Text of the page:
Emanations of the Yellow Sign

ghosts and scattered limbs of reading, excisions and marginalia.

Apr 15
“The ultimate subversion (contra-censorship) does not consist in saying what shocks public opinion, morality, law, the police, but in inventing a paradoxical (pure of any doxa) discourse: invention> (and not provocation) is a revolutionary act: it cannot be accomplished other than in setting up a new language. Roland Barthes, Sade / Fourier / Loyola (1971)


Hermes Trismegistus - Occvlta philosophia (1613). [x]

(via alanreedwrite)

Jan 5
“what’s an artist, but the dregs of his work? the human shambles that follows it around. what’s left of the man when the work’s done but a shambles of an apology.” William Gaddis (via alanreedwrite)



Louis Boulanger  (1840)

Ah yes - one of the Bouzingo circle. As you could tell from the subject matter.

(via temporubato)

Jan 4
“It is in Théophile Gautier that we first seem to find an authentic French sense of the unreal world, and here there appears a spectral mastery which, though not continuously used, is recognisable at once as something alike genuine and profound. Short tales like ‘Avatar’, ‘The Foot of the Mummy’, and ‘Clarimonde’ display glimpses of forbidden visits that allure, tantalise, and sometimes horrify; whilst the Egyptian visions provoked in ‘One of Cleopatra’s Nights’ are of the keenest and most expressive potency. Gautier captured the inmost soul of aeon-weighted Egypt, with its cryptic life and Cyclopean architecture, and uttered once and for all the eternal horror of its nether world of catacombs, where to the end of time millions of stiff, spiced corpses will stare up in the blackness with glassy eyes, awaiting some awesome and unrelatable summons.” H.P. Lovecraft, Supernatural Horror in Literature (1927)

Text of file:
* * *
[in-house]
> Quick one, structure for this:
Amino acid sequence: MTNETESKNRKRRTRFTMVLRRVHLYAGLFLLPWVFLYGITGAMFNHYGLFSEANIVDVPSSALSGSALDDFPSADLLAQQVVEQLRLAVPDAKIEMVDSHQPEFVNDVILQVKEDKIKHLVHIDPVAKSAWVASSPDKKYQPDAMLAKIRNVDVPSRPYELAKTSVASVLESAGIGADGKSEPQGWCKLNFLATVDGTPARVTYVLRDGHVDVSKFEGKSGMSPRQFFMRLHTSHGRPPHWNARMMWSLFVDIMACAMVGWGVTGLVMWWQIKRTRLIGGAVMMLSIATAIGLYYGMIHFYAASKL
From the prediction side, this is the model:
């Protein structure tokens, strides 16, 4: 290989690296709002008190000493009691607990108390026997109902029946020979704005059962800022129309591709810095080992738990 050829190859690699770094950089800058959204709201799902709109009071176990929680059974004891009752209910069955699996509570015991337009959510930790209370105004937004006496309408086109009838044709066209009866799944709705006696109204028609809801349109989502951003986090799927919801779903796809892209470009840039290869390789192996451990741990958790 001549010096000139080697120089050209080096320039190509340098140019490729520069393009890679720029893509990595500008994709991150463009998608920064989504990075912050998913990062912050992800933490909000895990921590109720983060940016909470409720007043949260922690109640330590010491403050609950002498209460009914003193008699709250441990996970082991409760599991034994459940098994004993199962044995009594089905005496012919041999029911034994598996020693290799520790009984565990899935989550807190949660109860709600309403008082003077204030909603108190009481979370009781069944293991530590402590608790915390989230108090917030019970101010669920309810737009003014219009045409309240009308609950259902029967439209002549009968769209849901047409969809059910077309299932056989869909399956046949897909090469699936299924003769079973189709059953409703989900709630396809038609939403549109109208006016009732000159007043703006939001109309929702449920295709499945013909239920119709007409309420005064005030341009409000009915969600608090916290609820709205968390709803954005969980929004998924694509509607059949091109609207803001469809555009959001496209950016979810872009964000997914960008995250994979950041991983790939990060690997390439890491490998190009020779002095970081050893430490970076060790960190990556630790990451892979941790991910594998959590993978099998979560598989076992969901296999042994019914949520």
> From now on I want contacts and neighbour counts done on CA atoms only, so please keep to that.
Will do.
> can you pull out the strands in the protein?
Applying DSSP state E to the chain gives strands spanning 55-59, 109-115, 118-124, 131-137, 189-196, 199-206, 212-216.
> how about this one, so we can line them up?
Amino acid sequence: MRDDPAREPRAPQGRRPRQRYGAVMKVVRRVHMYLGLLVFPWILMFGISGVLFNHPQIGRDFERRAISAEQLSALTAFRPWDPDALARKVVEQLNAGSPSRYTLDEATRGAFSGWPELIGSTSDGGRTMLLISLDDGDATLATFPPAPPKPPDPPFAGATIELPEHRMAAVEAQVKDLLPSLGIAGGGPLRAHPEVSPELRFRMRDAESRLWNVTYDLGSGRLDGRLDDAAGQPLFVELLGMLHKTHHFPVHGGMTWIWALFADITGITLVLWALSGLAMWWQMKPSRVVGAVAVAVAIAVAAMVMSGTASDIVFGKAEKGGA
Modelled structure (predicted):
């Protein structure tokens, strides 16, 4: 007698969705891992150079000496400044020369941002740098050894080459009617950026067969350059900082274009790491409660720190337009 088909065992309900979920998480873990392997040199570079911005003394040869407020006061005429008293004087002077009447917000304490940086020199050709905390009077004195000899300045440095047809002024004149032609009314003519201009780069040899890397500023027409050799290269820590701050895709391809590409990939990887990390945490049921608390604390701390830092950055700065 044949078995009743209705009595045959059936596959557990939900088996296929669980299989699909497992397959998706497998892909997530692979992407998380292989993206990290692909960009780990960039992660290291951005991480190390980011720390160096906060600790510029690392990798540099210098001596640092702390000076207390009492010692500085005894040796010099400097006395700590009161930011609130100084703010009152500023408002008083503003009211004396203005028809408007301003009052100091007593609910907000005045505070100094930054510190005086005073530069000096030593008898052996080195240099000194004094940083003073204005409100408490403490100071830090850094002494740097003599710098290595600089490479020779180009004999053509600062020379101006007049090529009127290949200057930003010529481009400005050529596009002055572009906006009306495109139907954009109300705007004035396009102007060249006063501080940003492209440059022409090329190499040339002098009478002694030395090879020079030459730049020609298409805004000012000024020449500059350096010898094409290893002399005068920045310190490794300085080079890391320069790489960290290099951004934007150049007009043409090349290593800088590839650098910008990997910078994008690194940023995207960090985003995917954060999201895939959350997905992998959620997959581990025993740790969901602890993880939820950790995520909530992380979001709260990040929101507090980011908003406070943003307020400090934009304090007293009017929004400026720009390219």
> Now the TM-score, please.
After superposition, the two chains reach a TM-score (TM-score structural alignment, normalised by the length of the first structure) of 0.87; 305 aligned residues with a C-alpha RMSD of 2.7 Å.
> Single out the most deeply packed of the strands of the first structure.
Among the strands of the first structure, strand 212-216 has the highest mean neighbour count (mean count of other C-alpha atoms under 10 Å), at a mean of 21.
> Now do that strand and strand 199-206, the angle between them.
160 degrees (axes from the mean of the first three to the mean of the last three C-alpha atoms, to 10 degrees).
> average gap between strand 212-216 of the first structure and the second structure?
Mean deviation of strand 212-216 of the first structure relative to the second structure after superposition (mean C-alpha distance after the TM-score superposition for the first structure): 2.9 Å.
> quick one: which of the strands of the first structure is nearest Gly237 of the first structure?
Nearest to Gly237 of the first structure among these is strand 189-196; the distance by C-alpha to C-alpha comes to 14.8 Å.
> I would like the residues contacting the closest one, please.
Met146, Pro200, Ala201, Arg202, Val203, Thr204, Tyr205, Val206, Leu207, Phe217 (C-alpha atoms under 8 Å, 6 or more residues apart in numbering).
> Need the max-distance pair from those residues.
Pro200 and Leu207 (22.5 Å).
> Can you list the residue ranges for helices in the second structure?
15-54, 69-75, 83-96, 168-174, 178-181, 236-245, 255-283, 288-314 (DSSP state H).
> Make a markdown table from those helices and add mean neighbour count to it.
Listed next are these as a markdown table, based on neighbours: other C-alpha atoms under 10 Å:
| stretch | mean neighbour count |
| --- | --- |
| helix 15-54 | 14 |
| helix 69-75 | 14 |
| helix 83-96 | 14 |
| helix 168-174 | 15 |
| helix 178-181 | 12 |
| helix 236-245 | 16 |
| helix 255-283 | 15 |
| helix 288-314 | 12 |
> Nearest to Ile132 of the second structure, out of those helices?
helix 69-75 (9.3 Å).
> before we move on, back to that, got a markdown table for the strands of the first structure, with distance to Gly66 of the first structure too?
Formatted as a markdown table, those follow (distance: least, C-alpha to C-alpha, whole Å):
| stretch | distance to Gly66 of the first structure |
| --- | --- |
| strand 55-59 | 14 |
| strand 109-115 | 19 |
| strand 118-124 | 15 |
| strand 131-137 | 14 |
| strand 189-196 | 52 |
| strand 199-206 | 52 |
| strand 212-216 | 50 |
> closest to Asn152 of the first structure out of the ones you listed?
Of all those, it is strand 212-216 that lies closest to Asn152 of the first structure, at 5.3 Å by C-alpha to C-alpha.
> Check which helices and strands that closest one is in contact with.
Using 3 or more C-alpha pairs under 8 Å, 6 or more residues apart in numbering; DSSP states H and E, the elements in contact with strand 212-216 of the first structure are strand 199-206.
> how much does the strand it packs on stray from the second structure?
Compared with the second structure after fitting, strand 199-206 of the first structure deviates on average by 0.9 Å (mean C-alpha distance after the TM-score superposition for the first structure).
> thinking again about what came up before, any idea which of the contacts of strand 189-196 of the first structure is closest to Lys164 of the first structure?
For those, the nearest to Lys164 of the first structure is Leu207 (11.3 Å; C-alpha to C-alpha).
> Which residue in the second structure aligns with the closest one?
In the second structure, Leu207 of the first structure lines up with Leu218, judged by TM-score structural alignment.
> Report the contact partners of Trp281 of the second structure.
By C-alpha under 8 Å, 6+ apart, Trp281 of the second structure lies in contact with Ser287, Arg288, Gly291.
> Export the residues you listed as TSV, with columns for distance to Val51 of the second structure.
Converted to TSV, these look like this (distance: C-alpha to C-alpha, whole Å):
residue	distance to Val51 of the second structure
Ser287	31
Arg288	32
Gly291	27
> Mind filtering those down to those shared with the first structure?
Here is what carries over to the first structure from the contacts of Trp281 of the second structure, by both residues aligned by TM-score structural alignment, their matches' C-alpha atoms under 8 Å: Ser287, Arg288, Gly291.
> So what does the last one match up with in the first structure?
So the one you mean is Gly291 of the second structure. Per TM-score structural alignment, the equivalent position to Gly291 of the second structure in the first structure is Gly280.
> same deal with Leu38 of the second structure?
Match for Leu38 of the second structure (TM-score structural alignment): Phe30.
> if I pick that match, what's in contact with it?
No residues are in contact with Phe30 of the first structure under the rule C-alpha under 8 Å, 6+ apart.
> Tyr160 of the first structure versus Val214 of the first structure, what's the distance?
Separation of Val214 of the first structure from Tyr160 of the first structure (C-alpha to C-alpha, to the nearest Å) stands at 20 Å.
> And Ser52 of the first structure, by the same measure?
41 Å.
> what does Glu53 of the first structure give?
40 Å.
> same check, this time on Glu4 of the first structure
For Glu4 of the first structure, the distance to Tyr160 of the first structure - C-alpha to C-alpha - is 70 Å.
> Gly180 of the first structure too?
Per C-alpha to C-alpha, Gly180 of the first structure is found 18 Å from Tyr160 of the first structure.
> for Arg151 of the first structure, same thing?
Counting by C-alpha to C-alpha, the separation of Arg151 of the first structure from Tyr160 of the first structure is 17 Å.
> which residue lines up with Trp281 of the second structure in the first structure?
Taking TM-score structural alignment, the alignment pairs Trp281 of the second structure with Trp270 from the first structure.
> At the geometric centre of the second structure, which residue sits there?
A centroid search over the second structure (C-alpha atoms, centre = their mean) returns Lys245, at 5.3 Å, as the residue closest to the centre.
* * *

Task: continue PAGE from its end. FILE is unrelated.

Oct 17

In this book it is spoken of the Sephiroth and the Paths; of Spirits and Conjurations; of Gods, Spheres, Planes, and many other things which may or may not exist.

It is immaterial whether these exist or not. By doing certain things certain results will follow; students are most earnestly warned against attributing objective reality or philosophic validity to any of them.

3. The advantages to be gained from them are chiefly these:
(“a”) A widening of the horizon of the mind.
(“b”) An improvement of the control of the mind.

Aleister Crowley, Liber O (1913)

“Fan fiction is a way of the culture repairing the damage done in a system where contemporary myths are owned by corporations instead of owned by the folk.” Henry Jenkins, in Textual Poachers: Media Fans and Participatory Culture  (via tristealven)

(via alanreedwrite)

Oct 5
“The passage beyond language requires language or rather a text as a place for the trace of a step that is not (present) elsewhere. That is why the movement of the trace, passing beyond language, is not classical nor does it render the logos either secondary or instrumental. Logos remains as indispensable as the fold folded onto the gift, just like the tongue of my mouth when I tear bread from it to give it to the other. It is also my body.” Jacques Derrida, At This Very Moment in This Work (1987)

Jun 30